“Love takes off the masks that we fear we cannot live without and know we cannot live within,” Baldwin wrote in his best-selling 1963 novel The Fire Next Time.
So, now it is the “Third Wave”. For many of us, all we can remember is the first wave because we have not stopped. We have been seeing patients, especially infants, and young children, to make sure they are immunized. The rest of the time, we have been seeing patients and rushing to get them in for physicals and routine screenings while we had the chance. Also, we have been pushing flu shots. I personally got my physical, flu shot, and lab work. I am also taking some time off. It is time. I found myself raising my voice and really pushing back. We must realize that we are in this for the long haul. There are no short cuts. We have committed ourselves to this path. I wished we could change it, but by this week, I told my boss that prayer was ok, but we need to have common sense and be proactive, not reactive. It just came gushing out. Maybe it was my frustration.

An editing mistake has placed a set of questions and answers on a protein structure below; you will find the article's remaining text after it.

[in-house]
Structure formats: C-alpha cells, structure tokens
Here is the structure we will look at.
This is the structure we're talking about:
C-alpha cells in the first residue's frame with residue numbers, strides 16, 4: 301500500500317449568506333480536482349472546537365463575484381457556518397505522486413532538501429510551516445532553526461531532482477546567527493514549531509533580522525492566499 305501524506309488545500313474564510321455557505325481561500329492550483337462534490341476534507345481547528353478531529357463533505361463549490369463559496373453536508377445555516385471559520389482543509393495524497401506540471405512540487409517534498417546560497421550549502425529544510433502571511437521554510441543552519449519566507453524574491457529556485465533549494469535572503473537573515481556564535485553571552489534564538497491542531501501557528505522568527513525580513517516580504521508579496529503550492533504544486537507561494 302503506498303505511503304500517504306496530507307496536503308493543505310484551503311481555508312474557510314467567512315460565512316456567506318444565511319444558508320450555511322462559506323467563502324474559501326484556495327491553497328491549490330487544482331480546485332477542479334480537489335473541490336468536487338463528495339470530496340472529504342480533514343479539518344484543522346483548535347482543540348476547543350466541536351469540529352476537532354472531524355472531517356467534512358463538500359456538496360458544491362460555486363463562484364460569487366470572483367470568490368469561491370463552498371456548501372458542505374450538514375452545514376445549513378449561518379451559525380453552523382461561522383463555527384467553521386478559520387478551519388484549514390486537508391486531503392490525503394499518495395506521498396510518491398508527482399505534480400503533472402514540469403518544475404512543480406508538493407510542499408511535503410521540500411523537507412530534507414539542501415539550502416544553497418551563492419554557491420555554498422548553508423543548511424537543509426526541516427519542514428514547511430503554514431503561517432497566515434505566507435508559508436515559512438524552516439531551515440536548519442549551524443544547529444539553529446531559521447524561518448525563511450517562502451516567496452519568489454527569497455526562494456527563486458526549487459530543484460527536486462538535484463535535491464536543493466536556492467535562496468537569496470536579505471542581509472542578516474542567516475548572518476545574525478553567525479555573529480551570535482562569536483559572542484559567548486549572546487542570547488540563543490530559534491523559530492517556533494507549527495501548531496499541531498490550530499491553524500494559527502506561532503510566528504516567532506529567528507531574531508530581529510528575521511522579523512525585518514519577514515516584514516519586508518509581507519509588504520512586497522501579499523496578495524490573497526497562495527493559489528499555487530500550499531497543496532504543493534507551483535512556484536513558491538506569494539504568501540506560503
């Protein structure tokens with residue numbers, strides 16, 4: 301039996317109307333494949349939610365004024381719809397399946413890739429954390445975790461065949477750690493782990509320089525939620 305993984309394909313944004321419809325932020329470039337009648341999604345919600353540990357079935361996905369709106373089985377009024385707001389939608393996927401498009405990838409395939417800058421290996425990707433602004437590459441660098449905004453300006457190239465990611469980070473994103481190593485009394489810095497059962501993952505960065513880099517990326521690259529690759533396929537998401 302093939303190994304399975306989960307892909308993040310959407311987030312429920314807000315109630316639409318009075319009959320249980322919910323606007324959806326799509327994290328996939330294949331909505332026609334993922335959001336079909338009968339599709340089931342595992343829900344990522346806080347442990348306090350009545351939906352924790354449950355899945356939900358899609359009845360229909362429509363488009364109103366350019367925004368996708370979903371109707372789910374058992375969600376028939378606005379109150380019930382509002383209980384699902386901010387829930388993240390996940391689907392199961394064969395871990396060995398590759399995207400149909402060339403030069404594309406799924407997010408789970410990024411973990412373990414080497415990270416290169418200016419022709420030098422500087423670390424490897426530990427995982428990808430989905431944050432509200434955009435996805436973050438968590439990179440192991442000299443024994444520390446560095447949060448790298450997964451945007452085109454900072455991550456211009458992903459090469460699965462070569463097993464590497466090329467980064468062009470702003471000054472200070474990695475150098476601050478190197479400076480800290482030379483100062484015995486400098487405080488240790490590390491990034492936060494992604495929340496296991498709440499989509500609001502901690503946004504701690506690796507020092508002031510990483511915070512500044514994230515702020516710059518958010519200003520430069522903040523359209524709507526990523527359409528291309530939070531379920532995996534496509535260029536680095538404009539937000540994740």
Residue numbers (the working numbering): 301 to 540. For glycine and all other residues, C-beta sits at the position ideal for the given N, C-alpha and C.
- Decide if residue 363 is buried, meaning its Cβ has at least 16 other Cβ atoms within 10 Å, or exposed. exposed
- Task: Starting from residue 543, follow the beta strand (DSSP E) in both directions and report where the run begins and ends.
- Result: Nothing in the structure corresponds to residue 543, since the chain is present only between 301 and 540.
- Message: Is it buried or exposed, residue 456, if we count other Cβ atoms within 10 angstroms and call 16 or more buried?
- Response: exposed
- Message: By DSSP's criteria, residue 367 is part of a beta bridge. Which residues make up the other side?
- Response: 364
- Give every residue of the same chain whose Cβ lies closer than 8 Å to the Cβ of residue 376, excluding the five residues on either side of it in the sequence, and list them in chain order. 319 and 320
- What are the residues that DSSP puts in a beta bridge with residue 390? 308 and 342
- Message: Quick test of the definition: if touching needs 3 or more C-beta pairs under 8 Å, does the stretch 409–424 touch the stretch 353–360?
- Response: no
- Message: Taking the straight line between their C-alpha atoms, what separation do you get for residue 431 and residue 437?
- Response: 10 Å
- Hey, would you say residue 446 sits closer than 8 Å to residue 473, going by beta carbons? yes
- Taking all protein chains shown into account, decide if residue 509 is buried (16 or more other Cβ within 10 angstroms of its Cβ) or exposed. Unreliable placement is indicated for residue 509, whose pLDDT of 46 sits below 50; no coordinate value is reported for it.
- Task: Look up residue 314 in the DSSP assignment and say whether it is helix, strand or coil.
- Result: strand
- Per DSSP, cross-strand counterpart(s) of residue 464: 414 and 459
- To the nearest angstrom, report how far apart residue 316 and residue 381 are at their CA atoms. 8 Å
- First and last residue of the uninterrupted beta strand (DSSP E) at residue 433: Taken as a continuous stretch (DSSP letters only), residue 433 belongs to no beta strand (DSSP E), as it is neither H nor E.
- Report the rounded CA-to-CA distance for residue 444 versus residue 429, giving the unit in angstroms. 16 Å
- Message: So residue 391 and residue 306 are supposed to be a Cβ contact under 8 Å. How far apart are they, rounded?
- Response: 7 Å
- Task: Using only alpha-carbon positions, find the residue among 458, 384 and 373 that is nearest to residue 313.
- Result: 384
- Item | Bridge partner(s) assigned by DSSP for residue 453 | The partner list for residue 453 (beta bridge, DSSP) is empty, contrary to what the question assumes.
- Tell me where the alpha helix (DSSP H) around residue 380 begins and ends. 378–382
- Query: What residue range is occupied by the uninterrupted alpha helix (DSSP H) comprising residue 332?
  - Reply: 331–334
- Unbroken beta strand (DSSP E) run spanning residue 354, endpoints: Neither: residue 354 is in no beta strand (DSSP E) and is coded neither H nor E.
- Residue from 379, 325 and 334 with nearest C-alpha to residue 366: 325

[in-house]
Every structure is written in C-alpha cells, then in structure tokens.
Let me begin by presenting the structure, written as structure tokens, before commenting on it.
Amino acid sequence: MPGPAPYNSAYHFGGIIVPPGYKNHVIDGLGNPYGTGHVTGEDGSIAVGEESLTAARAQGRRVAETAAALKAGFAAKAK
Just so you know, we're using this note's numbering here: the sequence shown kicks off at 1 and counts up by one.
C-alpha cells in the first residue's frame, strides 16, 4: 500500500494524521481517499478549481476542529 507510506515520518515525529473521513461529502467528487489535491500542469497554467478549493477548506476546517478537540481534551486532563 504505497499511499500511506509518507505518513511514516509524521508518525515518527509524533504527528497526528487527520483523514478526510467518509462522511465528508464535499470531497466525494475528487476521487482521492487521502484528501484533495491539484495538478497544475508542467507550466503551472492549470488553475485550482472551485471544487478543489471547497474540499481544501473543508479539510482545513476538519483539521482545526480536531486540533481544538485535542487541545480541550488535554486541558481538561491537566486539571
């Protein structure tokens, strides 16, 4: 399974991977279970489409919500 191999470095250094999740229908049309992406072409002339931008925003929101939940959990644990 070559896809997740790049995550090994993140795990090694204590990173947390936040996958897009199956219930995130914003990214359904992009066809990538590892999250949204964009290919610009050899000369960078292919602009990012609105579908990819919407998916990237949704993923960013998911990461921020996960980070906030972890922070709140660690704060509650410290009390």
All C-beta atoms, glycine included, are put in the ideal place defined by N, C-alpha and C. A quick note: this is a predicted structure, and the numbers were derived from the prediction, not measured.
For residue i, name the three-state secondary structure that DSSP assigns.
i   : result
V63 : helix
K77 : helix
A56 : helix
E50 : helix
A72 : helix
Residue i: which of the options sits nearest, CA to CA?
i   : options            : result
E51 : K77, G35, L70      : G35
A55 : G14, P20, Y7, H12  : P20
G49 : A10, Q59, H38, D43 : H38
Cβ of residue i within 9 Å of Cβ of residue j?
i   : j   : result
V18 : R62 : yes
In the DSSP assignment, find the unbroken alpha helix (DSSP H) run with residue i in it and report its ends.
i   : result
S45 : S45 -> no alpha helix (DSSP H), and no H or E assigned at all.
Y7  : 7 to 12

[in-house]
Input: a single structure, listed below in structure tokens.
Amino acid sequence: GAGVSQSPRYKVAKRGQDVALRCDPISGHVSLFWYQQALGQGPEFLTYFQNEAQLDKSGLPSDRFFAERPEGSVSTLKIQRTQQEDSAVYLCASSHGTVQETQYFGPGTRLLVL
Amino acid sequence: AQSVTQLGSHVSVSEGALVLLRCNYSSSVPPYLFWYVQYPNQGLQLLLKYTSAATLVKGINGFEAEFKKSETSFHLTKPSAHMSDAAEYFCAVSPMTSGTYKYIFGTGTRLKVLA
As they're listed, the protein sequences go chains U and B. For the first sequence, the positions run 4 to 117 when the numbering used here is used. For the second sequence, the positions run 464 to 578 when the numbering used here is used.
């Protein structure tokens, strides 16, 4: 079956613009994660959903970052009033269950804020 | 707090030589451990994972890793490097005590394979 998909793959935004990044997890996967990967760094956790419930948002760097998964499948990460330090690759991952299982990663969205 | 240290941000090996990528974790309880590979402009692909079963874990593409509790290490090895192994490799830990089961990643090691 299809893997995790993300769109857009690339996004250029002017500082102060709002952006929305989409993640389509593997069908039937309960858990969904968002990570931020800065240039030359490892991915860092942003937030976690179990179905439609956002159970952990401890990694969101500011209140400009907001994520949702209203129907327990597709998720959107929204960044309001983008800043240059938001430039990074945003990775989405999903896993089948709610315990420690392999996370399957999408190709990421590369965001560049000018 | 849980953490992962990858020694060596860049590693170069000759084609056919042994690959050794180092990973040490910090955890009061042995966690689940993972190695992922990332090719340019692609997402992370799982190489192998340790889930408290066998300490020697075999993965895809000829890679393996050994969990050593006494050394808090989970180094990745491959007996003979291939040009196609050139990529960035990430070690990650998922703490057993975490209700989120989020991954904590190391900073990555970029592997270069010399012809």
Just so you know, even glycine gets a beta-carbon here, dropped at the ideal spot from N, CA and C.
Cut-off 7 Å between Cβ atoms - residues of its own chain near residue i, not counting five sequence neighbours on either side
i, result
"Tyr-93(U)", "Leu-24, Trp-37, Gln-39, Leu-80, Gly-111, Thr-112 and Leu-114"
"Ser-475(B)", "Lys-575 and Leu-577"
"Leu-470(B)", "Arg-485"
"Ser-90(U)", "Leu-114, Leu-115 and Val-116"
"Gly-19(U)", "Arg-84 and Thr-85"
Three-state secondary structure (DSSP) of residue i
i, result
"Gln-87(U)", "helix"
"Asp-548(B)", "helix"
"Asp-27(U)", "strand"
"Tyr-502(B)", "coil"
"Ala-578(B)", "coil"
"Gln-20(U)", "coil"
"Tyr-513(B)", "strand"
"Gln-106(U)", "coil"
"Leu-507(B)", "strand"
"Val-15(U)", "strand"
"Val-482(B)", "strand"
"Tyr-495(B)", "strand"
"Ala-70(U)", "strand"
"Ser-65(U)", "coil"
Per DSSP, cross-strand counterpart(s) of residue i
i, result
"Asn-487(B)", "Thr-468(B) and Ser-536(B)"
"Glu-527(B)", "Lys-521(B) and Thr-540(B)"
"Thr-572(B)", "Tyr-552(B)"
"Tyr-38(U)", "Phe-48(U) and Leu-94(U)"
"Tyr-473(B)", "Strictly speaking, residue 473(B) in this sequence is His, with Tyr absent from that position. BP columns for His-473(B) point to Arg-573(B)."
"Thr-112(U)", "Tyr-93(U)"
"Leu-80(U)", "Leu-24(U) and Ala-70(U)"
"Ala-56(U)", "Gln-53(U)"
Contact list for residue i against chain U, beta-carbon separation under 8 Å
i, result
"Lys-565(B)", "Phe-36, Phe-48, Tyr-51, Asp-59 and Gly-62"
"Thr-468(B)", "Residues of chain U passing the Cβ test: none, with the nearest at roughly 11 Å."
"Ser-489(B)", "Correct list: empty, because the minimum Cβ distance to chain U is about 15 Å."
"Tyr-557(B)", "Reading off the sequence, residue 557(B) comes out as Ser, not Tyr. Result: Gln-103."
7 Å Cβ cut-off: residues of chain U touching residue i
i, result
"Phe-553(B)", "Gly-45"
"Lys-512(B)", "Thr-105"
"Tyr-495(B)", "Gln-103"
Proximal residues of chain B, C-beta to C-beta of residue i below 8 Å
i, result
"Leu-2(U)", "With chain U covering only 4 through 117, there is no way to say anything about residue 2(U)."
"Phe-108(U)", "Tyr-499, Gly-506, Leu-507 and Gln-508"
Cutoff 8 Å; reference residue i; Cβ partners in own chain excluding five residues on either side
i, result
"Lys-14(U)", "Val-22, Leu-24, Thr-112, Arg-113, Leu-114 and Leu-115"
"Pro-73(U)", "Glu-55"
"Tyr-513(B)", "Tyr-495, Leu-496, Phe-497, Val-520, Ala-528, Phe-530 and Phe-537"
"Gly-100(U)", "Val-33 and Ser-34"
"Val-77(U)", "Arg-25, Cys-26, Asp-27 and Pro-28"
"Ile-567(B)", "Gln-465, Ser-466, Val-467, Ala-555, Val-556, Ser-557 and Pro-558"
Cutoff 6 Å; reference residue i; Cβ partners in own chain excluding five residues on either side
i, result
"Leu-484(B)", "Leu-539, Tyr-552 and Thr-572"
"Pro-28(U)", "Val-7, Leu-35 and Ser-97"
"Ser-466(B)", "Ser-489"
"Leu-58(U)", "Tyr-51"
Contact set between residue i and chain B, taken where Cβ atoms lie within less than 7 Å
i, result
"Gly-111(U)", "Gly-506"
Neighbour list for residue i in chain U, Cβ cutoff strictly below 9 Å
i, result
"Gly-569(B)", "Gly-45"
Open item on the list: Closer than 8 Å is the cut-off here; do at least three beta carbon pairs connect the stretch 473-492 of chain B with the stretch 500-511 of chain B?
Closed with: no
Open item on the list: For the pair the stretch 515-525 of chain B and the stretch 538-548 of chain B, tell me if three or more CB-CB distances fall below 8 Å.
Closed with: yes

I am preparing for this fight. For election day, I have a face shield and mask. I know what you think, but we are going to vote in-person. I want there to be a line so I can witness firsthand people exercising their right to vote. For me, it is a path paved in blood, so I must be there. I have not missed voting in 45 years. I just like the idea of pulling that lever, especially in these trying times. I find myself humming songs like “Precious Lord Take My Hand,” “What’s Going On,” and “The Greatest Love of All.” I feel like the souls of all my ancestors are just pushing me forward. I may be sharing too much.
Getting back to this “Third Wave,” I am just measuring my strength, finding my place, and deciding my contribution. I feel like I put it all out there, and all I have now is the knowledge I gained. Will that be enough? We have rounded the corner, but we are now heading up the long hill and hoping that it plateaus.
“Not everything that is faced can be changed; but nothing can be changed until it is faced,” Baldwin wrote in a 1962 essay for The New York Times.
Another poignant, well said essay. Take care of yourself, dear friend.